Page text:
Photographers might also prefer the shoulder-season months of April/May and September/October when the days are shorter and the light more varied. For keen walkers, summer brings the prospect of striding out through meadows of freshly-mown hay and feeling the warmth of the sun on your face when you stop for a clifftop picnic – but lace up your boots in September and you can almost have the islands to yourself. From June to August there are many cultural events in the Faroe Islands, ranging from music festivals to ’living room concerts’ held in local homes.

faroe islands streymoy tjornuvik village istk

Faroe Islands in autumn

As the nights close in during September, the weather is on the change and the first autumn gales are never far away. Tourism slows down during autumn, but hotels may be lower priced. Early autumn is a wonderful time to hike in breathtaking solitude. The seabird cliffs may be all but deserted, but the views will be just as magical. Photographers love the rich light of autumn and this is also the perfect season to snuggle up in a cosy restaurant to enjoy some Faroese gastronomy.

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Faroe Islands in winter

Days can be as short as five hours during mid-winter. Few tourists venture to the Faroe Islands at this time of year, but those that do will find the basalt-ribbed mountains dusted with snow and a feisty sea whipped up by a keen wind.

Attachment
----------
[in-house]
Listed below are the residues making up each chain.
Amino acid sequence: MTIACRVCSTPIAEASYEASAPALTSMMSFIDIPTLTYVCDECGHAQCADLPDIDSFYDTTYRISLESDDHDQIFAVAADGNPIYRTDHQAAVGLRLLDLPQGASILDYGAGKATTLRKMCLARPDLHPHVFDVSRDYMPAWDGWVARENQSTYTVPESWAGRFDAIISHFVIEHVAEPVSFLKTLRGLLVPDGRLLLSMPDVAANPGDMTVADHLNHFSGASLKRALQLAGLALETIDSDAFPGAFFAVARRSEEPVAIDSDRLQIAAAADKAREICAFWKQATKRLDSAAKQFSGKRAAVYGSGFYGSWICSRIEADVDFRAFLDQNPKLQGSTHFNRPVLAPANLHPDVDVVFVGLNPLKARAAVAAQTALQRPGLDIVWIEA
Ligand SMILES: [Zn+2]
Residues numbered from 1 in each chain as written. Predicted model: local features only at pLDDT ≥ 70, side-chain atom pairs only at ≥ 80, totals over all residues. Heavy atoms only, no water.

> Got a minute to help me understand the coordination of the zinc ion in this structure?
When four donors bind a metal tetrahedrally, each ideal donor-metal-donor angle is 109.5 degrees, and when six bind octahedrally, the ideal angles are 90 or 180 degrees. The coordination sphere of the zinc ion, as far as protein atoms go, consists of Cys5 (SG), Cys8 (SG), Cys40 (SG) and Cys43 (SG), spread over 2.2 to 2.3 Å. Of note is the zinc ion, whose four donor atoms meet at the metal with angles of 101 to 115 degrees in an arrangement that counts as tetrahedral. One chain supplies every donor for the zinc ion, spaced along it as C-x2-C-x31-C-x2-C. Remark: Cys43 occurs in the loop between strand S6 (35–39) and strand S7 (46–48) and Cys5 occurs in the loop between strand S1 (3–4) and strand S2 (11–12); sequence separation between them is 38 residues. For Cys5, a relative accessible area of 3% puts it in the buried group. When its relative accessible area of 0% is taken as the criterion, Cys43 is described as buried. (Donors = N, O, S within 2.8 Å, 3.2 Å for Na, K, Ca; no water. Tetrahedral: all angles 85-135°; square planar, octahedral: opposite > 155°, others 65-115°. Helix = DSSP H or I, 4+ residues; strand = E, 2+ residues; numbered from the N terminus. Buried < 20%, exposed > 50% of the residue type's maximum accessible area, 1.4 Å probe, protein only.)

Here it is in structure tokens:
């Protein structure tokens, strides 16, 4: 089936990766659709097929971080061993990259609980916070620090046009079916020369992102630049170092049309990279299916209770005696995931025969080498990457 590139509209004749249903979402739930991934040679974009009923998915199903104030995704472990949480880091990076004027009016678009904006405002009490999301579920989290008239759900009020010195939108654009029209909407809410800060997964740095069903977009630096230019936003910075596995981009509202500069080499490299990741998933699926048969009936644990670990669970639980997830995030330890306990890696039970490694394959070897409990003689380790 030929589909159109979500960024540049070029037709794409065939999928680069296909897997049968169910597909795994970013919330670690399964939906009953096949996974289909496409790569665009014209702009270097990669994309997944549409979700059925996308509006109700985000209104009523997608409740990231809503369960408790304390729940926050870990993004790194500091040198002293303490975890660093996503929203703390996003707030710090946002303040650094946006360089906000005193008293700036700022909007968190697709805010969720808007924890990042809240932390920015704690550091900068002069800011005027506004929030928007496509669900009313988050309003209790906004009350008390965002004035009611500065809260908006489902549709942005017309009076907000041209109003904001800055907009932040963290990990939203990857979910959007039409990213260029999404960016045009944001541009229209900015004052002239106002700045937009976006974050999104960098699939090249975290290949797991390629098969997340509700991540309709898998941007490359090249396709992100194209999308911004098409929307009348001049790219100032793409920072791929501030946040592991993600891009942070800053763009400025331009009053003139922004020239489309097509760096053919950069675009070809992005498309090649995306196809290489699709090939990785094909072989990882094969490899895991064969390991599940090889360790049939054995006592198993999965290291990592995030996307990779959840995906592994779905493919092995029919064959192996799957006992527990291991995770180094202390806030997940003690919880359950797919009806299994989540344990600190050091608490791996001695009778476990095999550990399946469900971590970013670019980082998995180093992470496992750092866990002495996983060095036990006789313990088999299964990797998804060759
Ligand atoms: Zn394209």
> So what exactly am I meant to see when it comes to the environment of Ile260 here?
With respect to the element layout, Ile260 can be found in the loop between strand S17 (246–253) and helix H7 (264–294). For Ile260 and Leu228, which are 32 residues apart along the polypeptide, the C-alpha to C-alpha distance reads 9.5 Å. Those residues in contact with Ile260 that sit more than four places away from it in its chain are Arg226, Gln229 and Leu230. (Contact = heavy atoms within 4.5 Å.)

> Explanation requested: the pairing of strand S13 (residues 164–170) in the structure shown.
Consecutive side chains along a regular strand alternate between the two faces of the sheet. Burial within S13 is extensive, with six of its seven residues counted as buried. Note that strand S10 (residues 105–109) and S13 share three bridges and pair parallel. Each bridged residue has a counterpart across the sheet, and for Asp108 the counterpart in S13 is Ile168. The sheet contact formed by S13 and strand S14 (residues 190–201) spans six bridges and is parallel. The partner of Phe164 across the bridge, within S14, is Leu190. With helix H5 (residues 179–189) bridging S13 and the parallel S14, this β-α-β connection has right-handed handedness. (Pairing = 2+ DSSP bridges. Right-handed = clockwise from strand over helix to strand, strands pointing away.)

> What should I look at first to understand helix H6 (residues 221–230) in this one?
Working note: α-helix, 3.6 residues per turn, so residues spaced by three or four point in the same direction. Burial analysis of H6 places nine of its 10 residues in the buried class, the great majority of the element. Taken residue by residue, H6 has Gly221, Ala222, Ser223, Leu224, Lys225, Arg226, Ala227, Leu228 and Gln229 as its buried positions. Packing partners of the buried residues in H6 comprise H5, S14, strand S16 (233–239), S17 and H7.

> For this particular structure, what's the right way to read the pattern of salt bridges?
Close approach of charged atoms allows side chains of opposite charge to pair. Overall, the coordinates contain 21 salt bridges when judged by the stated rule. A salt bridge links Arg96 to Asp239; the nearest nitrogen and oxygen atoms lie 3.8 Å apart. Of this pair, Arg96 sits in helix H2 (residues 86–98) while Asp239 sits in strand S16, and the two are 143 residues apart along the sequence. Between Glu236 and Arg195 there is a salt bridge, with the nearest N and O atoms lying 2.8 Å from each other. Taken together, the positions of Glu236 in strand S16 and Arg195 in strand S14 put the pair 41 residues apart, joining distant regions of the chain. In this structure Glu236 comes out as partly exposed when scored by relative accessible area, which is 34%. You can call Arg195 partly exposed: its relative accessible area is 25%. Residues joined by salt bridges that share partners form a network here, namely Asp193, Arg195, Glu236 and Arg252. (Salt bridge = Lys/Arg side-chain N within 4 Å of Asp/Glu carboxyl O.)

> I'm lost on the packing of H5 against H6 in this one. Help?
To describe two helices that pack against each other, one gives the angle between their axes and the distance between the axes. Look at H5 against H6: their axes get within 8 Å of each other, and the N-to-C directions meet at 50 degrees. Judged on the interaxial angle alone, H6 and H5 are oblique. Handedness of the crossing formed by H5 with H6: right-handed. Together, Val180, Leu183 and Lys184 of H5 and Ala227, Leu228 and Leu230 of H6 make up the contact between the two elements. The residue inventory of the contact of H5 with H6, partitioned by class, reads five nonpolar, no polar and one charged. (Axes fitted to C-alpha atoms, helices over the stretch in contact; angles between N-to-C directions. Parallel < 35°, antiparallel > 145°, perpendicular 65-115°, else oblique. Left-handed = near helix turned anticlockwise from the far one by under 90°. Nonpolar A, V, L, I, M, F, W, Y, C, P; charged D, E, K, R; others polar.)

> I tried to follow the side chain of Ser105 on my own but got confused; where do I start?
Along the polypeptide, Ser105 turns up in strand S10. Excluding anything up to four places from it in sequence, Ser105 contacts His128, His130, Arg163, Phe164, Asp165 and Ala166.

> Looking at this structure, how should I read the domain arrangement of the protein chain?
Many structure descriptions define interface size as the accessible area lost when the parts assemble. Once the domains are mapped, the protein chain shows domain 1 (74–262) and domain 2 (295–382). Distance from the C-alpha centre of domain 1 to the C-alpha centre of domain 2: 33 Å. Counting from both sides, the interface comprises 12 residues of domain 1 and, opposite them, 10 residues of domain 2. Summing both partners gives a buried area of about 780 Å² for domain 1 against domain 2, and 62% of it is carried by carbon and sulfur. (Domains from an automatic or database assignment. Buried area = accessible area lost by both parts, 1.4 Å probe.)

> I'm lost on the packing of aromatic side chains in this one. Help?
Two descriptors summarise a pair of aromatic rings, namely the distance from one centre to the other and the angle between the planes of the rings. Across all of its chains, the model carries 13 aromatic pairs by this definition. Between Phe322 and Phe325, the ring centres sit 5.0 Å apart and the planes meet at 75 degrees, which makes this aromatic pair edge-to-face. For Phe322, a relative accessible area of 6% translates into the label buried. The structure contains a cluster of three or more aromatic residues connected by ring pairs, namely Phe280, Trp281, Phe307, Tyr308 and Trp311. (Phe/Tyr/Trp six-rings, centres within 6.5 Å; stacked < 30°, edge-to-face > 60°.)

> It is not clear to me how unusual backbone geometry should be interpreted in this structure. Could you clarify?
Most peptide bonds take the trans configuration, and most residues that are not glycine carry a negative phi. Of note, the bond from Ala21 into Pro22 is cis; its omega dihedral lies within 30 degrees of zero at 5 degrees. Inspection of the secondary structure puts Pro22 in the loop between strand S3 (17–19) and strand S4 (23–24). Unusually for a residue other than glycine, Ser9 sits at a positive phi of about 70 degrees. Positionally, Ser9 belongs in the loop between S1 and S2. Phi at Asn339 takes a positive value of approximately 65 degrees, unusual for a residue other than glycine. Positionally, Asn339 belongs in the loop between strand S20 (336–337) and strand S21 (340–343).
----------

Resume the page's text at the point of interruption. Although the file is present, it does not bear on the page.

faroe islands streymoy beach at tjornuvik towards risin and kellingin rock stacks fitb ss

Faroe Islands in spring

Spring is heralded in the Faroe Islands by daffodils and migrant birds. The weather shrugs off its winter shroud and, although always temperamental, the climate is generally warmer and more settled. Puffins and other seabirds return to nest by early May when the days are becoming longer and the islands are gearing up for the busy summer tourism season.

faroe islands torshavn harbour istk
Faroe Islands weather

Despite its northerly latitude (61.89°N) it rarely gets bitterly cold in the Faroe Islands. The average temperature during summer is 13°C, while winters are mild with an average temperature of 3°C. The climate is not only strongly influenced by the warming affects of the Gulf Stream, but the islands’ Mid-Atlantic location can also create highly changeable weather. Combine this with local variations in topography and wind and you can be standing on one island in dazzling sunshine while watching the neighbouring one being pummelled by horizontal sleet. Precipitation, in one form or another, is something that the Faroese are used to. Even if you’re visiting in mid-summer, don’t forget to carry a windproof and rainproof jacket with you. The wettest month is January when you can expect rain or snow on around 22 days. By contrast, July is one of the driest months with an average of 13 days’ precipitation. Some of this will be in the form of showers and sunshine, while other days can be stubborn mist and drizzle – many people argue that the latter actually brings out the best in the brooding, elemental beauty of these enigmatic isles.